Agile 2018

Agile 2018
Speaking at Agile 2018

Tuesday, September 29, 2015

Agile and Scrum Prevent You From Cutting Off Your Own Hands

You can learn a lot about software from a table saw.
Over the weekend, my father and I collaborated on a woodworking project for my home.  As I have grown older, I appreciate the time I have with him.  Over the last seventy years, he has acquired plenty of wisdom.  He likes to share it with me from time to time.  This week I want to share my father’s wisdom with you.

We were working with a table saw constructing a gaming table for my house.  I am intimidated by power tools.  I am afraid of injuring myself or someone else.  My father said, that my fear was justified but I needed to get comfortable with power tools because, “It isn’t any harder than writing software,” he joked.

After a few hours on the table saw, my father mentioned, “We have plenty of wood son; you only have two hands,” At this moment, I realized this bit of wisdom also applied to software and Agile.

Too often, software developers are trained in isolation learning to work by themselves.  They do not learn to work with others and once they basics are mastered they develop their own “style” of programming which is often incompatible with other programmers.

You also do not see formal training in Test Driven Development and debugging code.  I realize now this is like not warring safety goggles when you are using a power tool.  The “commando code” style many developers learned needs to go away because when something goes wrong it really goes wrong with that style.

Unit tests make sure that if a class changes and functionality is disrupted a developer can find and diagnose the problem.  Otherwise, it could take hours to track down and fix the problem.  Source control systems such as Git and TFS exist to make sure everyone is working on the same code set.  This prevents one developer from overwriting the changes of another developer.  Finally, design patterns like SOLID, make sure that developers have a common reference point to discuss the architecture of software.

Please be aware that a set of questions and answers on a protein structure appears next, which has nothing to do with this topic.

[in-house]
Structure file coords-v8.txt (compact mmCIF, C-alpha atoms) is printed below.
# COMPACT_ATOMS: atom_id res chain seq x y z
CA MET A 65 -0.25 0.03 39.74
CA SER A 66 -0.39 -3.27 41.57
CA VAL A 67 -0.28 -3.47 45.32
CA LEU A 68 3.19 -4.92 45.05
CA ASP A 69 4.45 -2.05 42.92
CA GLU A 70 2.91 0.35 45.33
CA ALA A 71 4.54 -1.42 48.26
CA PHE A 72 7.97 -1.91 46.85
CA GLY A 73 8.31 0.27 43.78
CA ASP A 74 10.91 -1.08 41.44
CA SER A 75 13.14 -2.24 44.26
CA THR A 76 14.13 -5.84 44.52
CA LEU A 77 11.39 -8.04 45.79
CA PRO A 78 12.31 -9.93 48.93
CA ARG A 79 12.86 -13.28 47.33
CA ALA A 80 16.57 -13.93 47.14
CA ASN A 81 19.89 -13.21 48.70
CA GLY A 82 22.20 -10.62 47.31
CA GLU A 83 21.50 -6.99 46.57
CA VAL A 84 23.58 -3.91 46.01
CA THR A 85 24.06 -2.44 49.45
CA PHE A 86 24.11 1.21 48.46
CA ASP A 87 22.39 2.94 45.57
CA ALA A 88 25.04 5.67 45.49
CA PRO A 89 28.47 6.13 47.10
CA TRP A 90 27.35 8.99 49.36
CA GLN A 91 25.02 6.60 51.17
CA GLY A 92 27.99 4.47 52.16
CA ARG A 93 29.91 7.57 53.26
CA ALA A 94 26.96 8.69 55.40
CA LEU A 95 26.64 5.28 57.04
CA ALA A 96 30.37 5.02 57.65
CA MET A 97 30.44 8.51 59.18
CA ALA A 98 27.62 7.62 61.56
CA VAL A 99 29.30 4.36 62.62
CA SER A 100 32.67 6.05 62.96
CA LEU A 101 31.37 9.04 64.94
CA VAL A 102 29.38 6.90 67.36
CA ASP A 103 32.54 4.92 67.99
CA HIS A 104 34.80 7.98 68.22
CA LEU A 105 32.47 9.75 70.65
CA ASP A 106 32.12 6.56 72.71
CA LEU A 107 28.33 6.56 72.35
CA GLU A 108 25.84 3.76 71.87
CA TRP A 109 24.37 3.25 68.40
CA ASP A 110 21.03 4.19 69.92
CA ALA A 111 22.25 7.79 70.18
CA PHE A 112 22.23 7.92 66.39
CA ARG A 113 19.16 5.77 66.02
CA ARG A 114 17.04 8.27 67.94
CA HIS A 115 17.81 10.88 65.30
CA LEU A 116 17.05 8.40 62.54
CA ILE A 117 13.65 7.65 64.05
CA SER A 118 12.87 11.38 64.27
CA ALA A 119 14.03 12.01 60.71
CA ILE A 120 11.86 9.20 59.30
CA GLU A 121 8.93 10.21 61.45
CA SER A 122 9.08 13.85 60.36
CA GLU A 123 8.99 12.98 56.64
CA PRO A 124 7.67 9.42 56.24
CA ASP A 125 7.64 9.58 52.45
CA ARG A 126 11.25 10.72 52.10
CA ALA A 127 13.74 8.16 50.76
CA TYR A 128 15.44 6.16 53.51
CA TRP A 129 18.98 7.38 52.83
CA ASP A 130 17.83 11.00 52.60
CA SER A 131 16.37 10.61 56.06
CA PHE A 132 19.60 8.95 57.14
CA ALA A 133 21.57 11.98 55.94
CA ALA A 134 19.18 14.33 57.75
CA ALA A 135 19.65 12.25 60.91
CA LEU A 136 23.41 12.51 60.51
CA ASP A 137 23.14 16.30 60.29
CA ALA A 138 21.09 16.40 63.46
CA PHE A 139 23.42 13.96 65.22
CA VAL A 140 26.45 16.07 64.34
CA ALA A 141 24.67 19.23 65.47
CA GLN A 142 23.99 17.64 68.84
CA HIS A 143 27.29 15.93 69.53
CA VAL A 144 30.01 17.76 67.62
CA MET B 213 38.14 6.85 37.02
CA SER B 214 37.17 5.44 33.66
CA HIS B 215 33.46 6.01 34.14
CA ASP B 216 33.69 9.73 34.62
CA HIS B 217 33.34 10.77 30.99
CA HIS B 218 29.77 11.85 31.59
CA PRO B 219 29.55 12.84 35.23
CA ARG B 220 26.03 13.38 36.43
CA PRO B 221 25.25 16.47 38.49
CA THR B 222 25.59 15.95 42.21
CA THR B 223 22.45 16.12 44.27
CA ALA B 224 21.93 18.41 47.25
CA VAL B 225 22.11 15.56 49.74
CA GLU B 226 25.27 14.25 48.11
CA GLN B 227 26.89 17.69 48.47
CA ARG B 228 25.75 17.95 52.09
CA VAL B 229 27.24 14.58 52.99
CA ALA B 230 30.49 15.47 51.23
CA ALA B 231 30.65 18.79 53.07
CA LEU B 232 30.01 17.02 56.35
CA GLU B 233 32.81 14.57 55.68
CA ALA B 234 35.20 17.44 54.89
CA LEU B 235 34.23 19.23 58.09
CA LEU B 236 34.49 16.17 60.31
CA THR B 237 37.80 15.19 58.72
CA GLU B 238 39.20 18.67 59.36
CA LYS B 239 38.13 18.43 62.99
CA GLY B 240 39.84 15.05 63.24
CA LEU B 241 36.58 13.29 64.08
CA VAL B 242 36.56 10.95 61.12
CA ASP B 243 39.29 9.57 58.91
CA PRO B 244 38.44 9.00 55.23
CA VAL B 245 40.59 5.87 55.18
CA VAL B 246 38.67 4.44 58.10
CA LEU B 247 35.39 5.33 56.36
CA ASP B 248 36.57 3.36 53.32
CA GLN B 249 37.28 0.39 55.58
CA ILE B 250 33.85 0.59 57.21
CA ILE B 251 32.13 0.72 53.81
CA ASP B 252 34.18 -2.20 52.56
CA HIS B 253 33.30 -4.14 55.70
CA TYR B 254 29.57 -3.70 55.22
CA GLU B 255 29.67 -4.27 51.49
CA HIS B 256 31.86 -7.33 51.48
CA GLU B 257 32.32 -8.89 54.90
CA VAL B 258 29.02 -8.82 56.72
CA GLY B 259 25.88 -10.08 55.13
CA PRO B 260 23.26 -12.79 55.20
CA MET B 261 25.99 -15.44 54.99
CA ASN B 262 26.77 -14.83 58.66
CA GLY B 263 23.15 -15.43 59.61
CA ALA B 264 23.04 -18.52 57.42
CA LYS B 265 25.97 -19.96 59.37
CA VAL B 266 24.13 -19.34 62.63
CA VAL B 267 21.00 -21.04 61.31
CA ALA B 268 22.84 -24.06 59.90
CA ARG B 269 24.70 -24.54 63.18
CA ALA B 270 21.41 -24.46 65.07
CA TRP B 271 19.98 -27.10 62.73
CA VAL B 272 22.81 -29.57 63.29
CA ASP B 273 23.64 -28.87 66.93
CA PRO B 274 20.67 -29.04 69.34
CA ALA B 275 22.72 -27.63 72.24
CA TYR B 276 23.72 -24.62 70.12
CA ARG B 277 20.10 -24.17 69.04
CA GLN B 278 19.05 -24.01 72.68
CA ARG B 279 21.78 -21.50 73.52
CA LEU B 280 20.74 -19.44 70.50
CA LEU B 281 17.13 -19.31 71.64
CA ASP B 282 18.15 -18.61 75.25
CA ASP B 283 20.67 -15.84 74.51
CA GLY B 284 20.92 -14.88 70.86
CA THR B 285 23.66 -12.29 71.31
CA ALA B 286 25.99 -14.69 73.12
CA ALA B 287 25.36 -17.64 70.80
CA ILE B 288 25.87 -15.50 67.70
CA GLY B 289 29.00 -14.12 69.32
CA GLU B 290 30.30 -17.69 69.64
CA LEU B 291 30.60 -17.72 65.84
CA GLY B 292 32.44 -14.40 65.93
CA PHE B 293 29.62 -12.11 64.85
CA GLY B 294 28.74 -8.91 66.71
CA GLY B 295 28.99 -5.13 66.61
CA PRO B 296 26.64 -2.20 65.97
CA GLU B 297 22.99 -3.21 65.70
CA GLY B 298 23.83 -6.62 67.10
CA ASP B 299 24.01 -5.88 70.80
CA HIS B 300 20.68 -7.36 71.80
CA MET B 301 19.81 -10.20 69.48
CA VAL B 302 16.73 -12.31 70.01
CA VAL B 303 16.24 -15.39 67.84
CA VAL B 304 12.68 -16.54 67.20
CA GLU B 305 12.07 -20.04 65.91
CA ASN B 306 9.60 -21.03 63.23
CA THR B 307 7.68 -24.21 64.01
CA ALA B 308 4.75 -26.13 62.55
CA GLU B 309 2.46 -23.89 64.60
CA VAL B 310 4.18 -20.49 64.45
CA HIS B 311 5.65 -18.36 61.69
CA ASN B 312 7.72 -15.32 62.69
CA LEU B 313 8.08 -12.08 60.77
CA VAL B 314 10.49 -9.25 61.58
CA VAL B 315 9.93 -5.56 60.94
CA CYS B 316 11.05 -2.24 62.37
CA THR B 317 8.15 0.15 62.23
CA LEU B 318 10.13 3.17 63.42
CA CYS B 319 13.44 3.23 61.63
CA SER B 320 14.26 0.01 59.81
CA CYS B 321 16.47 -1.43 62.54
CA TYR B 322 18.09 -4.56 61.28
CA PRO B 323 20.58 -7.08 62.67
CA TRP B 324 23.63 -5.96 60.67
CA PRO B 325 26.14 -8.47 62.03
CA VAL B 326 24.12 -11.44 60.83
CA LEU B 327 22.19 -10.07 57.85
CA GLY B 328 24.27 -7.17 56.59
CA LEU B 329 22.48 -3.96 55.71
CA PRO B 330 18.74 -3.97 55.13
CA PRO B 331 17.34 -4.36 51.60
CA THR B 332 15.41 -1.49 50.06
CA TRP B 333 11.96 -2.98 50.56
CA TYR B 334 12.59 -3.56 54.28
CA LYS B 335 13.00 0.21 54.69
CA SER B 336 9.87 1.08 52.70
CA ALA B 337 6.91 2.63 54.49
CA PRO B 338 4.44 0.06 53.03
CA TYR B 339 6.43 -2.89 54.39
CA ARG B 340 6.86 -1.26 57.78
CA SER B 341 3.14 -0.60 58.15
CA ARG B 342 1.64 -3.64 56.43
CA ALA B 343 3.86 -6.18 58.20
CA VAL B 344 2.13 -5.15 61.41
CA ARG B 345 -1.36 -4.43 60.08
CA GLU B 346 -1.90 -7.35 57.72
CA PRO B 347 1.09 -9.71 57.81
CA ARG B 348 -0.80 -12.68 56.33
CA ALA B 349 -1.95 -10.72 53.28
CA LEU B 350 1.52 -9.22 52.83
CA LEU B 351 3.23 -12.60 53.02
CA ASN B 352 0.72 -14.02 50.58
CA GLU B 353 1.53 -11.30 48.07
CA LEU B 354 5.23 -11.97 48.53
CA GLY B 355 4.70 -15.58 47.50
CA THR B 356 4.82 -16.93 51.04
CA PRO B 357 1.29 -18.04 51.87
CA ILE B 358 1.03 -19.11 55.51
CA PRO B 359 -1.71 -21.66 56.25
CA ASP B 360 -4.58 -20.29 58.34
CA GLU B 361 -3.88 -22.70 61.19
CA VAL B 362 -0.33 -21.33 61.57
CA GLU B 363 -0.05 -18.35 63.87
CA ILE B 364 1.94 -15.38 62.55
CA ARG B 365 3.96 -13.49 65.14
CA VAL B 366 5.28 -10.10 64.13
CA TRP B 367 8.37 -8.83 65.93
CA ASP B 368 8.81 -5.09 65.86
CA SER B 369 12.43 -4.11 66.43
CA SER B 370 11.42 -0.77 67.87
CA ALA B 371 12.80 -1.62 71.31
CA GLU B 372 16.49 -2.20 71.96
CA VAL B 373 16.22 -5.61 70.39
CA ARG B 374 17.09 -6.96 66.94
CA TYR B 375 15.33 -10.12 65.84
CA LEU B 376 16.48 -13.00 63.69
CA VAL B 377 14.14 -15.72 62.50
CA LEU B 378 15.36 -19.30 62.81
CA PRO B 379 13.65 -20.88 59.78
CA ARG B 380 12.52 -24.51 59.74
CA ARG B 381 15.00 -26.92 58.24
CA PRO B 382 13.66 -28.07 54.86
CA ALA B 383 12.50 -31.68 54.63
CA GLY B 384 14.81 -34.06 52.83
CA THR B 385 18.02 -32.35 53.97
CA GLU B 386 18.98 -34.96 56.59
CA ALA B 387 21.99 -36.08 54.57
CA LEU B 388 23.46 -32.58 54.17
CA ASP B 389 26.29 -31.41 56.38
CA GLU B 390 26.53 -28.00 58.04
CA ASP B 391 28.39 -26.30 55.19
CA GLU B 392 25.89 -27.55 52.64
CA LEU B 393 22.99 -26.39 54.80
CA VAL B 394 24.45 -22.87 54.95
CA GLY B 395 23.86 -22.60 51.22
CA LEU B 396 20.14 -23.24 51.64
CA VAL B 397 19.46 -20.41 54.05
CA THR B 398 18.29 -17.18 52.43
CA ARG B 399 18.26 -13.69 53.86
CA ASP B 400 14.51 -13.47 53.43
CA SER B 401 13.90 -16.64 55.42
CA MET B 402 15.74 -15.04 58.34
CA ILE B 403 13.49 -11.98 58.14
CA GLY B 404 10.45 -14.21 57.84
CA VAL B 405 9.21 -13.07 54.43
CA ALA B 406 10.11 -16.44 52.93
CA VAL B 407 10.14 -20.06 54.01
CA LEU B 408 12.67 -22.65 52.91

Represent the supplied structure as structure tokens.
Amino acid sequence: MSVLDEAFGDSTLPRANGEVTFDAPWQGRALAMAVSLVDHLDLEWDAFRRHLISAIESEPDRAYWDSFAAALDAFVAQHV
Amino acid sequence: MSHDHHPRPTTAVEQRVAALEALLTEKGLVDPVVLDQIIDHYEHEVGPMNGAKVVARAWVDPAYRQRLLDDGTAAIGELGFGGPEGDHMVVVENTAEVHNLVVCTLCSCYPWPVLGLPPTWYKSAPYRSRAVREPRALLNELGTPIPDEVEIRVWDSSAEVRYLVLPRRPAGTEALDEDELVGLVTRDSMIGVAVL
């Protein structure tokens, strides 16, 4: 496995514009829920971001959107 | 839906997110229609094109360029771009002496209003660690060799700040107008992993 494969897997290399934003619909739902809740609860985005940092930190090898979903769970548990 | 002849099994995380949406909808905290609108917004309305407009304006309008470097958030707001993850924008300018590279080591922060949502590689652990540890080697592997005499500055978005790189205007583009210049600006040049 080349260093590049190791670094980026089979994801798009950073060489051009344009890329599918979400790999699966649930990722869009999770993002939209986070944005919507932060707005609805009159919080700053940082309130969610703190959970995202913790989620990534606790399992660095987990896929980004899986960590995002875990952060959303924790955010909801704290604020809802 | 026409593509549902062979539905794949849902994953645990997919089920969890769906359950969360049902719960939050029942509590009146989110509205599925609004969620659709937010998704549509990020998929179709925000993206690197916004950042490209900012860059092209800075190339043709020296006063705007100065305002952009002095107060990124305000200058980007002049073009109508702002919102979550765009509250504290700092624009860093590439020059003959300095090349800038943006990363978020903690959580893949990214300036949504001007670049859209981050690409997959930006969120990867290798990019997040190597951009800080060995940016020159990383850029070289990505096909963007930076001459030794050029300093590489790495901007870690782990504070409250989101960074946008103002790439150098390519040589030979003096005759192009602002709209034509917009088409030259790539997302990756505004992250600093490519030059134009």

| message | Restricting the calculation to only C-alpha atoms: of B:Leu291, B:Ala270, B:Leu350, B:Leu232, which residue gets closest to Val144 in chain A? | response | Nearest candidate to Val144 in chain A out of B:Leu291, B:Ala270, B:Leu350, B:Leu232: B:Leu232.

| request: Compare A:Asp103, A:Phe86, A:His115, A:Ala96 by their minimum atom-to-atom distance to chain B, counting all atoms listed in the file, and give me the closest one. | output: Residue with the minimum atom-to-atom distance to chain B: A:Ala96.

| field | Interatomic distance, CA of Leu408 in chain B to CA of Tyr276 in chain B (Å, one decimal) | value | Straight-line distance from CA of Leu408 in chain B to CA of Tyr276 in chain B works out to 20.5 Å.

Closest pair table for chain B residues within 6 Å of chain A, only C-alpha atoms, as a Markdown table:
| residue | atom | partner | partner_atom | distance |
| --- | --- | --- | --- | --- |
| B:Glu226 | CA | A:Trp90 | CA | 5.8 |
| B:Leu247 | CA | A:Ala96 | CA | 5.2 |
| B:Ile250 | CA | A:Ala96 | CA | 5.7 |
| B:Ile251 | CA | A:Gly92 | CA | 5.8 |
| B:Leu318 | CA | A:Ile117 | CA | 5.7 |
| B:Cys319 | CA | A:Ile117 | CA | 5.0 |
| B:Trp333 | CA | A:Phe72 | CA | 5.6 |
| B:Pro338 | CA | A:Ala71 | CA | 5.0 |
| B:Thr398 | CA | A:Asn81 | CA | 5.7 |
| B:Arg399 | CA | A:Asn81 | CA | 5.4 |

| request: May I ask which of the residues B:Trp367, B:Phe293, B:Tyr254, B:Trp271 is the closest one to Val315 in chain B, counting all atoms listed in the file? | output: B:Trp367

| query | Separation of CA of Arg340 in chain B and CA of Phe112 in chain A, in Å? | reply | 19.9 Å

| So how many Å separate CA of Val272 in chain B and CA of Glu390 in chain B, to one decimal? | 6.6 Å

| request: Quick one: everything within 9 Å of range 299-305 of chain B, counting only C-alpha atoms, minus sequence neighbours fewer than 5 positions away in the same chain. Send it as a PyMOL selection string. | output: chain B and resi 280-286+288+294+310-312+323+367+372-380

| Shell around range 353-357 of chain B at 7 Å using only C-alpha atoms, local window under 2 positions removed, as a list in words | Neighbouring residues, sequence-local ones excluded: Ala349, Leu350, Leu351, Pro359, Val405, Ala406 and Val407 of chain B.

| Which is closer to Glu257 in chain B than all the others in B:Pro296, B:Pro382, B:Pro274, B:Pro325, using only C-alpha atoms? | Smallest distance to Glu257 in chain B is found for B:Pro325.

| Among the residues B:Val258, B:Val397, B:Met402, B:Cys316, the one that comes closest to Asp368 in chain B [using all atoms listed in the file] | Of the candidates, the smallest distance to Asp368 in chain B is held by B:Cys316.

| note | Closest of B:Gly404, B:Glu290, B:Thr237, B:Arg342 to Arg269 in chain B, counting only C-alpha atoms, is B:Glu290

As a junior and intermediate developer, I rebelled against these practices.  Now that I am a senior developer and scrum master, I embrace them.  My career is testimony to this change of heart.  I have broken software builds, destroyed production servers, and over billed numerous credit cards.  The results of this carelessness were long bouts of unemployment and financial hardship.  To put it mildly, I have figuratively cut off my hand more times than I can count.

So to my fellow Scrum Masters and developers.  Slow down there is plenty of wood but you only have two hands.  It is advice, I should have followed years ago.

Until next time.

Monday, September 21, 2015

The Postulates of Impostor Syndrome for the Scrum Master

We are not impostors under a mask!
When I think about it, I do not consider myself a successful person.  I have an average home.  I drive an average car.  My one extravagance is my collection of compact disks and the toy soldiers which bring me joy.  I am not one of the rich and famous.  I am just an ordinary person who when I die will have my name forgotten just like many other people who came before me.  This kind of realization makes me sad.  I am one of the many unwashed masses of people.  These are the facts as I understand them and they are woefully misguided.  I suffer from what authors Pauline R. Clance and Suzannne A. Imes call “impostor syndrome.”  After a week away from work and some reflection, I wanted to write about it.